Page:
Earlier this fall, the Census Bureau reported that child poverty in America is finally declining for the first time in more than a decade. But while the national trend is ticking down, in many parts of the country — particularly the South — poverty rates for kids are still above the national average and higher than they were before the start of the recession.

According to new Census data out today, poverty rates for school-aged children in 2013 were still above their 2007 levels in nearly a third of all counties, many of them clustered around metro areas in California, Arizona, Florida, Georgia and North and South Carolina.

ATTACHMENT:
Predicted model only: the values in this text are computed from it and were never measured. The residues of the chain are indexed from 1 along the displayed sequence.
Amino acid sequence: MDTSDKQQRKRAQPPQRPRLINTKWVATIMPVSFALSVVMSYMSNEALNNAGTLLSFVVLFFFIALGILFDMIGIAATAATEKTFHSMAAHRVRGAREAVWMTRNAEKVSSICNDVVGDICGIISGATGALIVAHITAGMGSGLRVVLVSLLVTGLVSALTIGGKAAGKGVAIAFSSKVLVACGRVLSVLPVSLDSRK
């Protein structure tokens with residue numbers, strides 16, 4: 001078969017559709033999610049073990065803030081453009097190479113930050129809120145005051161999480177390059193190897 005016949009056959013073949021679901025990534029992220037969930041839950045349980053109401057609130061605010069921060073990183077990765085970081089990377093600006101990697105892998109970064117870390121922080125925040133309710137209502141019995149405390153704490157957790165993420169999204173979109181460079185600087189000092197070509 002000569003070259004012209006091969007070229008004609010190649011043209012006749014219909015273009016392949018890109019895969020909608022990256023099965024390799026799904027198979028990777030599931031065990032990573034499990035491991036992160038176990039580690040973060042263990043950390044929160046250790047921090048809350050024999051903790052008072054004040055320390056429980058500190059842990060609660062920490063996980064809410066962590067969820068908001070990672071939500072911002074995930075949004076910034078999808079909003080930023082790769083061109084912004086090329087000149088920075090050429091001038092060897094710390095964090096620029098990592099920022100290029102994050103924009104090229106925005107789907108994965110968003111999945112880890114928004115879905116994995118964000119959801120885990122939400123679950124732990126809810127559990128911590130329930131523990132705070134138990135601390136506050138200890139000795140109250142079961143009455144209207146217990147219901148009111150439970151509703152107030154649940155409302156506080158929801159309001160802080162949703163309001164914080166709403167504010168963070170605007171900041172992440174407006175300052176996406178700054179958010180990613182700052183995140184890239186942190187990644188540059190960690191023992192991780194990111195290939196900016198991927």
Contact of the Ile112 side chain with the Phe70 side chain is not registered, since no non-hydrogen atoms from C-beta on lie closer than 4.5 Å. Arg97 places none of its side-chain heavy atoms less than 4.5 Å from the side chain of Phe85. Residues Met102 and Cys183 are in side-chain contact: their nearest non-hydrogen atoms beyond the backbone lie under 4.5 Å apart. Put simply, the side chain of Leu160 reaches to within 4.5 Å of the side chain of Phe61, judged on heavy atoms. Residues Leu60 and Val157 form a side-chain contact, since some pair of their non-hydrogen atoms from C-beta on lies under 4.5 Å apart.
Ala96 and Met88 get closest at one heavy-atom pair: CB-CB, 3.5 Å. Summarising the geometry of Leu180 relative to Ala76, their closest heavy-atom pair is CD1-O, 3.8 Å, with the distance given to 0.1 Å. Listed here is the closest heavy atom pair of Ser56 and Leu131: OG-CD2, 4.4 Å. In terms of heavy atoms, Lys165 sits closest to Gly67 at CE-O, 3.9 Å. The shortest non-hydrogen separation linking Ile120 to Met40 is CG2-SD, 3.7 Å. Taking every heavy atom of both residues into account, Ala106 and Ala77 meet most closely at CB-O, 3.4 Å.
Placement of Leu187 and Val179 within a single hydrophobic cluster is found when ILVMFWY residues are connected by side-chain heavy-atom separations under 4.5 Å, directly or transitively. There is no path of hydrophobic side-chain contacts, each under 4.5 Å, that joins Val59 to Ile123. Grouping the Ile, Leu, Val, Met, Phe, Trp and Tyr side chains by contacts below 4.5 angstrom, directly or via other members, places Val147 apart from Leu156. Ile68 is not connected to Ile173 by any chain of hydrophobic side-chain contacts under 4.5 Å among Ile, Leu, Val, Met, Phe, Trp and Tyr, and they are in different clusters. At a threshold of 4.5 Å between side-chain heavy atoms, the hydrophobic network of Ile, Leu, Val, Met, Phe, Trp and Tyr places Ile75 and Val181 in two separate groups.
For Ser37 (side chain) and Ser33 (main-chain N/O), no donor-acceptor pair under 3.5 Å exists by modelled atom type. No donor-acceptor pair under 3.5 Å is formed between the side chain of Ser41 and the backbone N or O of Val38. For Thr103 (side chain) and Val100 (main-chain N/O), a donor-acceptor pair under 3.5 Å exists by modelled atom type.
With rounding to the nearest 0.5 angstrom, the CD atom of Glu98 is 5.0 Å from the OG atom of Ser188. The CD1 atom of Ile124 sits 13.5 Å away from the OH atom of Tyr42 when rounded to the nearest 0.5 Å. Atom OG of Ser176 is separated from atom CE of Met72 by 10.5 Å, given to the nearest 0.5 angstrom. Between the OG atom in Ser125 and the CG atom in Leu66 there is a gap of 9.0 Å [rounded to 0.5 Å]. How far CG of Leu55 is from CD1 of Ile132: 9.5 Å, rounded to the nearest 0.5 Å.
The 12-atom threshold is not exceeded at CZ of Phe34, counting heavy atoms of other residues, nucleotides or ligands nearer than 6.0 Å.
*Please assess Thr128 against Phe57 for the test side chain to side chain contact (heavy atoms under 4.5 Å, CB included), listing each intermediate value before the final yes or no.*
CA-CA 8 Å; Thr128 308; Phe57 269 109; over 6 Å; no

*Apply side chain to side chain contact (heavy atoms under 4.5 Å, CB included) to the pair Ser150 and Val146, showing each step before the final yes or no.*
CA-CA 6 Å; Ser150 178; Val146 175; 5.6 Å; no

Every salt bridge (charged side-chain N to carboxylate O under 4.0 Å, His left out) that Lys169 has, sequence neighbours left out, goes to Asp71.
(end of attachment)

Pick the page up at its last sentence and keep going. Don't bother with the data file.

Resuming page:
For context, this maps shows the poverty rate for the total population by county, as of 2013:

And this is the rate for school-aged children, aged 5-17, who live in poverty at much higher rates than the population at large:

In more than 80 percent of counties in Mississippi and New Mexico, school-aged child poverty is worse than the national average.

This last map shows where poverty has gotten worse for those children from 2007 to 2013:

That map mirrors the many places where median household income is still way down from just prior to the recession. It's also worth noting that these pictures don't capture the many children living with families slightly above the federal poverty line who are still no doubt struggling.